Multiple sclerosis may not be a leading killer, but it's a scary and uniquely Canadian disease. Canada has the highest rate of MS in the world, with about 100,000 people living with the disease. Most are diagnosed between the ages of 15 and 40, but the cause of the disease is still unknown. Mysteriously, some of the hardest hit countries seem to be those furthest from the equator, leading some people to believe that the disease is linked to a shortage of vitamin D, which is produced from sun exposure. But even accounting for our northern location, this theory doesn't seem to explain why our rate is a whopping 28 percent higher than that of Denmark, the country with the next highest rate.
Cancer as a whole is the leading cause of death among Canadians, and the incidence of the disease is expected to increase in coming years as our population ages. More than 75,000 Canadians are estimated to die of cancer a year. While lung and colorectal cancers account for 40 percent of all cancer deaths, skin cancer is the most commonly diagnosed cancer. In the past two decades, we have managed to decrease the death rates associated with many cancers, including breast, prostate and stomach cancers, but others, such as liver cancer, are on the rise. (Liver cancer is associated with hepatitis, alcohol use, obesity and diabetes.) Though there have been many advances in cancer research in the past several years, Canadians still have a long way to go in the fight against cancer.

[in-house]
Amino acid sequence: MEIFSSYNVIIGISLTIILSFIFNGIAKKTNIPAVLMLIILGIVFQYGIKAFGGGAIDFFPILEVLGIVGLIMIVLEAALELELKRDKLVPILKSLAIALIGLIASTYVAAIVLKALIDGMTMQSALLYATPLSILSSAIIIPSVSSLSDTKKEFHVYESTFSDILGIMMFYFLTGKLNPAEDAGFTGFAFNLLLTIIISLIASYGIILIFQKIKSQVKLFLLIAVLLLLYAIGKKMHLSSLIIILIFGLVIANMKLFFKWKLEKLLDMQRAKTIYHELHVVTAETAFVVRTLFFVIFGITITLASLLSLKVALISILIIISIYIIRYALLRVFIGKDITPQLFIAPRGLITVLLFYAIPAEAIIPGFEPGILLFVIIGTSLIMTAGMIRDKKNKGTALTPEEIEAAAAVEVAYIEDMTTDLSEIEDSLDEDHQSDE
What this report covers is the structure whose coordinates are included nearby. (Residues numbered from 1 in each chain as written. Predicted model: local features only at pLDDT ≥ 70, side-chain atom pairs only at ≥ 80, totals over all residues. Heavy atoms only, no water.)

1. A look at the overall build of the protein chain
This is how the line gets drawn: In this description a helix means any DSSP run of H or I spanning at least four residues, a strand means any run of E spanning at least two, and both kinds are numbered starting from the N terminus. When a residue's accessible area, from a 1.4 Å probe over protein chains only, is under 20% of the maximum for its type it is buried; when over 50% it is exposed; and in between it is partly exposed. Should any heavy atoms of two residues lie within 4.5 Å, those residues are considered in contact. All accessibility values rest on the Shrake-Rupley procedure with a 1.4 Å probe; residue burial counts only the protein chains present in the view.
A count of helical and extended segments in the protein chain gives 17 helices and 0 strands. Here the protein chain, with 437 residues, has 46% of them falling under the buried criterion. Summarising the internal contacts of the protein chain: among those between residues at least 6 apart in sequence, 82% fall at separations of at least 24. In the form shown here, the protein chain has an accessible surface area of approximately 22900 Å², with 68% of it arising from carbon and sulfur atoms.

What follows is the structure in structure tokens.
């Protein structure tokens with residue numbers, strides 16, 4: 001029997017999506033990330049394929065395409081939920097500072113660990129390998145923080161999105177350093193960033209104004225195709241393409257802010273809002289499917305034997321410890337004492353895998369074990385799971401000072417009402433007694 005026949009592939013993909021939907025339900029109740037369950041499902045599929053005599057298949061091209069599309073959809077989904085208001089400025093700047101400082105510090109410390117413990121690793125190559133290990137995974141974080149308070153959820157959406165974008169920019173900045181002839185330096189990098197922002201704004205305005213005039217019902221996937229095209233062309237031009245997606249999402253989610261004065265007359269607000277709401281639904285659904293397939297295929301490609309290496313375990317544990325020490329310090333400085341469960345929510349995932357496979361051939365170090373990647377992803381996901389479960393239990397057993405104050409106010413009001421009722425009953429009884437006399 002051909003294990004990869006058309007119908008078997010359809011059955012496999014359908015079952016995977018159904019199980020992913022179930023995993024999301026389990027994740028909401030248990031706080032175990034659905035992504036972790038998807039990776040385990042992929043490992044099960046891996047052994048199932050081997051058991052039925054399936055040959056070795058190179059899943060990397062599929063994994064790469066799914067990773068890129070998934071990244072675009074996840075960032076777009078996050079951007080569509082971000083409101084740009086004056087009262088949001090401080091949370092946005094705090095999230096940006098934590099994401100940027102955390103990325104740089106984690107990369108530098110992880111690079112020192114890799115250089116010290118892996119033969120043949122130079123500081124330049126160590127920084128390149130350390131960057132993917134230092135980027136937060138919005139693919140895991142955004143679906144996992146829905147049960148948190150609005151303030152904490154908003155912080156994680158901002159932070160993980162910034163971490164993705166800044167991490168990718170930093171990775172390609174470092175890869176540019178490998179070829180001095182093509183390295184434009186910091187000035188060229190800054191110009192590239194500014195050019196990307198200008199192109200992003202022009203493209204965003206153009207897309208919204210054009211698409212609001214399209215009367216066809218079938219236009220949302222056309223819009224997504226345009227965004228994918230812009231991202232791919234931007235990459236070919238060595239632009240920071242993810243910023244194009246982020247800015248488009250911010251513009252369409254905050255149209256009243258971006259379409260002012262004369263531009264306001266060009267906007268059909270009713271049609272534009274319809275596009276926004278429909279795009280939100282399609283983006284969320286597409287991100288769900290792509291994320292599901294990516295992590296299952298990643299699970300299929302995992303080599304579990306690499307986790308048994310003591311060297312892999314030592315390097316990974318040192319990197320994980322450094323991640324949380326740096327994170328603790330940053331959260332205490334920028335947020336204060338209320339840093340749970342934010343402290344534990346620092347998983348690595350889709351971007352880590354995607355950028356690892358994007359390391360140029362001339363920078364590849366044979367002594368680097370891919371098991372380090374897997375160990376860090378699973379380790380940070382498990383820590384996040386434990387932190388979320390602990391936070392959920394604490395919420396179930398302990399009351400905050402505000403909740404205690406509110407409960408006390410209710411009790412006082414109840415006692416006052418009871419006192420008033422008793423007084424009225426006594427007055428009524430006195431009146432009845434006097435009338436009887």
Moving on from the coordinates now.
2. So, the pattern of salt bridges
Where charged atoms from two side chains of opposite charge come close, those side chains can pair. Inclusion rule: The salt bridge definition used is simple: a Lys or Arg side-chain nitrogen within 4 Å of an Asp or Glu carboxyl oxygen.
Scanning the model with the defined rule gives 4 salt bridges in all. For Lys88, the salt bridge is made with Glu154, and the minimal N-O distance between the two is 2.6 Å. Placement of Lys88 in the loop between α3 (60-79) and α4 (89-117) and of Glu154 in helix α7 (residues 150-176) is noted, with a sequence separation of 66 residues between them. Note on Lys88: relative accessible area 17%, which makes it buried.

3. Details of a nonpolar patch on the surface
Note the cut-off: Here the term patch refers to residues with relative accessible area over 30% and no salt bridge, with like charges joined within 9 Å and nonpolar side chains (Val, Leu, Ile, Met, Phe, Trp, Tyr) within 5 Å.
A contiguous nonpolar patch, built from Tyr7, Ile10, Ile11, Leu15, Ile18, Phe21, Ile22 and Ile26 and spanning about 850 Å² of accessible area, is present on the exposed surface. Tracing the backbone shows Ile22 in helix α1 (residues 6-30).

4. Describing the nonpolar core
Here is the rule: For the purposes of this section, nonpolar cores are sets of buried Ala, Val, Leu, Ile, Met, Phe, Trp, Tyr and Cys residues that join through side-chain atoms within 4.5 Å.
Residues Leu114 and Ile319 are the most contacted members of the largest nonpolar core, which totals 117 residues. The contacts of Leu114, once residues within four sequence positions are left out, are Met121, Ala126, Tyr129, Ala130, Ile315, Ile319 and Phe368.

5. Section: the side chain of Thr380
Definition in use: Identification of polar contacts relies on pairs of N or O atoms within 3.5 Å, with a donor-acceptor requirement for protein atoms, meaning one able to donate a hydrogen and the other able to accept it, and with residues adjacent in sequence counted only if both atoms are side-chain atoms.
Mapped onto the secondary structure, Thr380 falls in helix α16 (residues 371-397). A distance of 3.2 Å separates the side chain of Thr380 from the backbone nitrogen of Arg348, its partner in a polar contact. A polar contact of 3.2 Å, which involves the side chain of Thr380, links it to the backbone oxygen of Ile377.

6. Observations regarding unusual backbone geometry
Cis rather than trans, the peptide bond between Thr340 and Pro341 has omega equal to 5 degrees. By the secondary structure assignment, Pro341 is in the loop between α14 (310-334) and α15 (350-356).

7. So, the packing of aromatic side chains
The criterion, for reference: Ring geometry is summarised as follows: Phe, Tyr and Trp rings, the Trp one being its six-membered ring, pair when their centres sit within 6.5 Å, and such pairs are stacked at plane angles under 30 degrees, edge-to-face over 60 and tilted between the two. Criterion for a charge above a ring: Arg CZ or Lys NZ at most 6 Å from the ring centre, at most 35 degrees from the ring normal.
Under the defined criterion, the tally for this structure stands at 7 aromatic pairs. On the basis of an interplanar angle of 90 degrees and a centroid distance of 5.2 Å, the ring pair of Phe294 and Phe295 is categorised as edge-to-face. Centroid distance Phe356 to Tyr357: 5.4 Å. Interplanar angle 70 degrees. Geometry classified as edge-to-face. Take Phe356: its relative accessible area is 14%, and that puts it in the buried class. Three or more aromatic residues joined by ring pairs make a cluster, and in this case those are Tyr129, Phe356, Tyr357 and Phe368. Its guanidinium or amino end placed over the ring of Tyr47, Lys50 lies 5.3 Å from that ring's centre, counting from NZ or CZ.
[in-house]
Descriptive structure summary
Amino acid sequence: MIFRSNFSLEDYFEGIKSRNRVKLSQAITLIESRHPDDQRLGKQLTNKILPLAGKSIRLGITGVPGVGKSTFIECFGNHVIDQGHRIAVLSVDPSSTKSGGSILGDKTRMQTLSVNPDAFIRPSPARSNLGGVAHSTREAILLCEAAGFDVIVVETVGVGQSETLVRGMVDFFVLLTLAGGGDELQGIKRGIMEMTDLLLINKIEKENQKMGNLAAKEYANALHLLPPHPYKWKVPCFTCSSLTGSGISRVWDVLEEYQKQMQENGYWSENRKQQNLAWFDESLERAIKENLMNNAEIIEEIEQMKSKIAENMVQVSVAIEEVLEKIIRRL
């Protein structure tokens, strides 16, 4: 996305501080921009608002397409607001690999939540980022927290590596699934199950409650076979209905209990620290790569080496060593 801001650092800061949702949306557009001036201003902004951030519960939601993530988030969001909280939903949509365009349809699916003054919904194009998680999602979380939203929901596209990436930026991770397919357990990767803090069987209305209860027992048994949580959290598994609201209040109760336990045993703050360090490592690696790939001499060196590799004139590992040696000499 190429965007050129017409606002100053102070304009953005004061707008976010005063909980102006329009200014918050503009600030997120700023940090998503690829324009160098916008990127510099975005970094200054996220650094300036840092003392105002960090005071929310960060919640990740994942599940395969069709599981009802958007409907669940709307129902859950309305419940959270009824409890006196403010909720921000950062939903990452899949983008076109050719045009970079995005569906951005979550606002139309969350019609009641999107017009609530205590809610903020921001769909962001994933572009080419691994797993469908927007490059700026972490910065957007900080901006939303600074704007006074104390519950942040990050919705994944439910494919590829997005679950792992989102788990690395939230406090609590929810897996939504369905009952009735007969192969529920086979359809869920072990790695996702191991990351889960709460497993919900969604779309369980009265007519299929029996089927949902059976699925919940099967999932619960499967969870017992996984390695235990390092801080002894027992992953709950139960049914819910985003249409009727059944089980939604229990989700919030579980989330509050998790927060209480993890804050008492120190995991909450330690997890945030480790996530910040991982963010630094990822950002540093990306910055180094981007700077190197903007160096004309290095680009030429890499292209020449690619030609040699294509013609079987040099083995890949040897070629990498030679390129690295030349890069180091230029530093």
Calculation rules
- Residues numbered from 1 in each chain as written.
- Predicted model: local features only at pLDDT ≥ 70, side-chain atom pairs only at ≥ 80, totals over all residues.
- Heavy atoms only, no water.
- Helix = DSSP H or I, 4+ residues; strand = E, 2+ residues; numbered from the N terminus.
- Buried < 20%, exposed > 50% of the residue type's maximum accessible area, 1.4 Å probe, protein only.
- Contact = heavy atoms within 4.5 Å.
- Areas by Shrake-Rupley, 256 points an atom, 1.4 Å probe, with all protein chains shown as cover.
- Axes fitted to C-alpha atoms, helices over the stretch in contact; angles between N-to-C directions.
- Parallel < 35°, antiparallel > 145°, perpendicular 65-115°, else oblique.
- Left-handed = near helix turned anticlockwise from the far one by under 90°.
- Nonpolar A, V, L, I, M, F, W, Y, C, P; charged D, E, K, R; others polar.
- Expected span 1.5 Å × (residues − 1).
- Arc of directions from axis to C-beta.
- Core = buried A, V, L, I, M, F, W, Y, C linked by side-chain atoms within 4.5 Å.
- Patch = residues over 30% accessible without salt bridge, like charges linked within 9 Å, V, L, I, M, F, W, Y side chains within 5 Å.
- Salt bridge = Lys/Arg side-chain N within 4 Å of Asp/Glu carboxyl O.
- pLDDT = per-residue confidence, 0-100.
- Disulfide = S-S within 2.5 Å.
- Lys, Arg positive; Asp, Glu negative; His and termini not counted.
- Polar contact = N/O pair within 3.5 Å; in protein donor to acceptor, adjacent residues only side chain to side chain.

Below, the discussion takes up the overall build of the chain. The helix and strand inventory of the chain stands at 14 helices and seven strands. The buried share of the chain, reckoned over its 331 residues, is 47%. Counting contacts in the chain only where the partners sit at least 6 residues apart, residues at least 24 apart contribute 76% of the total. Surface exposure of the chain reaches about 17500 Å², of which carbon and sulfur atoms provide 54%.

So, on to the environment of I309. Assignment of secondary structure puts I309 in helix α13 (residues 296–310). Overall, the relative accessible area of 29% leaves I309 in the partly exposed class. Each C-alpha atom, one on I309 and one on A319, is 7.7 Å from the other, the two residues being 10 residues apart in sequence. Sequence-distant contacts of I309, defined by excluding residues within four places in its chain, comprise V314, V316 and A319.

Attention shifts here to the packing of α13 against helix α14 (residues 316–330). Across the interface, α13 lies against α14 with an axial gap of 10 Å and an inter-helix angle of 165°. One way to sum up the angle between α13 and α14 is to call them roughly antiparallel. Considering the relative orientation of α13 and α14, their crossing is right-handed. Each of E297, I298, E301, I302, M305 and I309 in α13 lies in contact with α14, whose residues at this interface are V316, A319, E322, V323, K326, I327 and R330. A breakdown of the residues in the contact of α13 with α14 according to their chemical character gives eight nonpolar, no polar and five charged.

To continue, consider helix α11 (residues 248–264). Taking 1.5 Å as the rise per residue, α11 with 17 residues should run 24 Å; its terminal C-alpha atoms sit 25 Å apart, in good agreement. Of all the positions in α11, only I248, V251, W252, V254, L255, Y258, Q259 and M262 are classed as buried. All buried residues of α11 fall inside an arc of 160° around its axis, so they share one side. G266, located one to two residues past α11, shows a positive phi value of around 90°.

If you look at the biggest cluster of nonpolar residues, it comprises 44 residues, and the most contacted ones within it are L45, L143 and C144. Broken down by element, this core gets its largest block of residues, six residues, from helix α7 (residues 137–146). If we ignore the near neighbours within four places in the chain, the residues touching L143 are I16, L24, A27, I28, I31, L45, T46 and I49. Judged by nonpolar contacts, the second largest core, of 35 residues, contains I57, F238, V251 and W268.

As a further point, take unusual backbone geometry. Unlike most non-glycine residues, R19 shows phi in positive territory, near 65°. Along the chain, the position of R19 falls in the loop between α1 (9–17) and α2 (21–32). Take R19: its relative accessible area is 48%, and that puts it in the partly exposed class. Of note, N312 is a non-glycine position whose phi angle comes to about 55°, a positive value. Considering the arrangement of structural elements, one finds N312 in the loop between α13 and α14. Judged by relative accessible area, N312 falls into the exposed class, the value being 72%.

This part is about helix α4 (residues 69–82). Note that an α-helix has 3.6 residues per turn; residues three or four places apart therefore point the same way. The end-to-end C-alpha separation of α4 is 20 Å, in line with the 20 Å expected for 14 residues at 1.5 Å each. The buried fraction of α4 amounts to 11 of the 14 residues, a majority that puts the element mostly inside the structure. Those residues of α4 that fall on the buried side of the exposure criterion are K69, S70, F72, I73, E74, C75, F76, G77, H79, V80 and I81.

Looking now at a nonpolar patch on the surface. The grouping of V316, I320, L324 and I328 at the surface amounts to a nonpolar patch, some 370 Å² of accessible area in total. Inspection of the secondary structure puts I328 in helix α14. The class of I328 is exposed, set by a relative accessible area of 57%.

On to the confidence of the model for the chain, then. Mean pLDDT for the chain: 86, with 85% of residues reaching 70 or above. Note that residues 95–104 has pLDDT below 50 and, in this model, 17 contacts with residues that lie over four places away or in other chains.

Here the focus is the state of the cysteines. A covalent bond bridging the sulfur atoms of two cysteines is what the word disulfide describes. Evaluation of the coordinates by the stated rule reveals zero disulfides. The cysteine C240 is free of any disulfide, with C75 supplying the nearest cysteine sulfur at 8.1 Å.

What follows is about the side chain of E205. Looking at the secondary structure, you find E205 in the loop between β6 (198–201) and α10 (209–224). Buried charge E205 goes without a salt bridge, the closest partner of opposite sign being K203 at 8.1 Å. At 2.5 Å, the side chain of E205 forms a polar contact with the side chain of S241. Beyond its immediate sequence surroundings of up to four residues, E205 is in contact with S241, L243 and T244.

While it's not a disease in itself, alcohol leads to a number of dangerous diseases in Canadians, including addiction and several types of cancer, but alcohol can also lead to other accidents and personal injuries. In fact, alcohol can account for eight percent of all deaths among Canadians under the age of 70, and a study from the journal Addiction says that Canadians drink about 50 percent more alcohol than the rest of the world, on average.
Much like cancer, chances are that everyone has been affected by mental illness in some way, whether through association with friends or family, or through their own struggles. According to the Canadian Mental Health Association, 20 percent of Canadians will experience mental illness in their lifetime, and eight percent of adults will experience major depression. Mental illness also leads to suicide, which is one of the leading causes of death among Canadians from adolescence to middle age. Unfortunately, Canada still struggles to properly treat mental illness, as many patients wait months to see a psychiatrist or are forced to pay out of pocket for therapy.
There has been a recent flurry of misinformation warning the public about the safety of vaccines that has gotten health officials worried that we could soon see a rise in previously eradicated diseases. In early 2014, there was an outbreak of the measles in Fraser Valley, B.C., that made hundreds of people sick because of the failure to vaccinate against the disease. Currently, the province of British Columbia is reporting their lowest vaccination rates among kindergarteners in a decade. And it's not just affecting kids. During the 2014 flu season, a poll found that less than four in 10 Canadians received the flu shot, and the primary reason so many neglected to get it was because of a mistrust of vaccines. In the coming years, education about vaccines should be a priority in Canada to keep the next generation free of preventable diseases.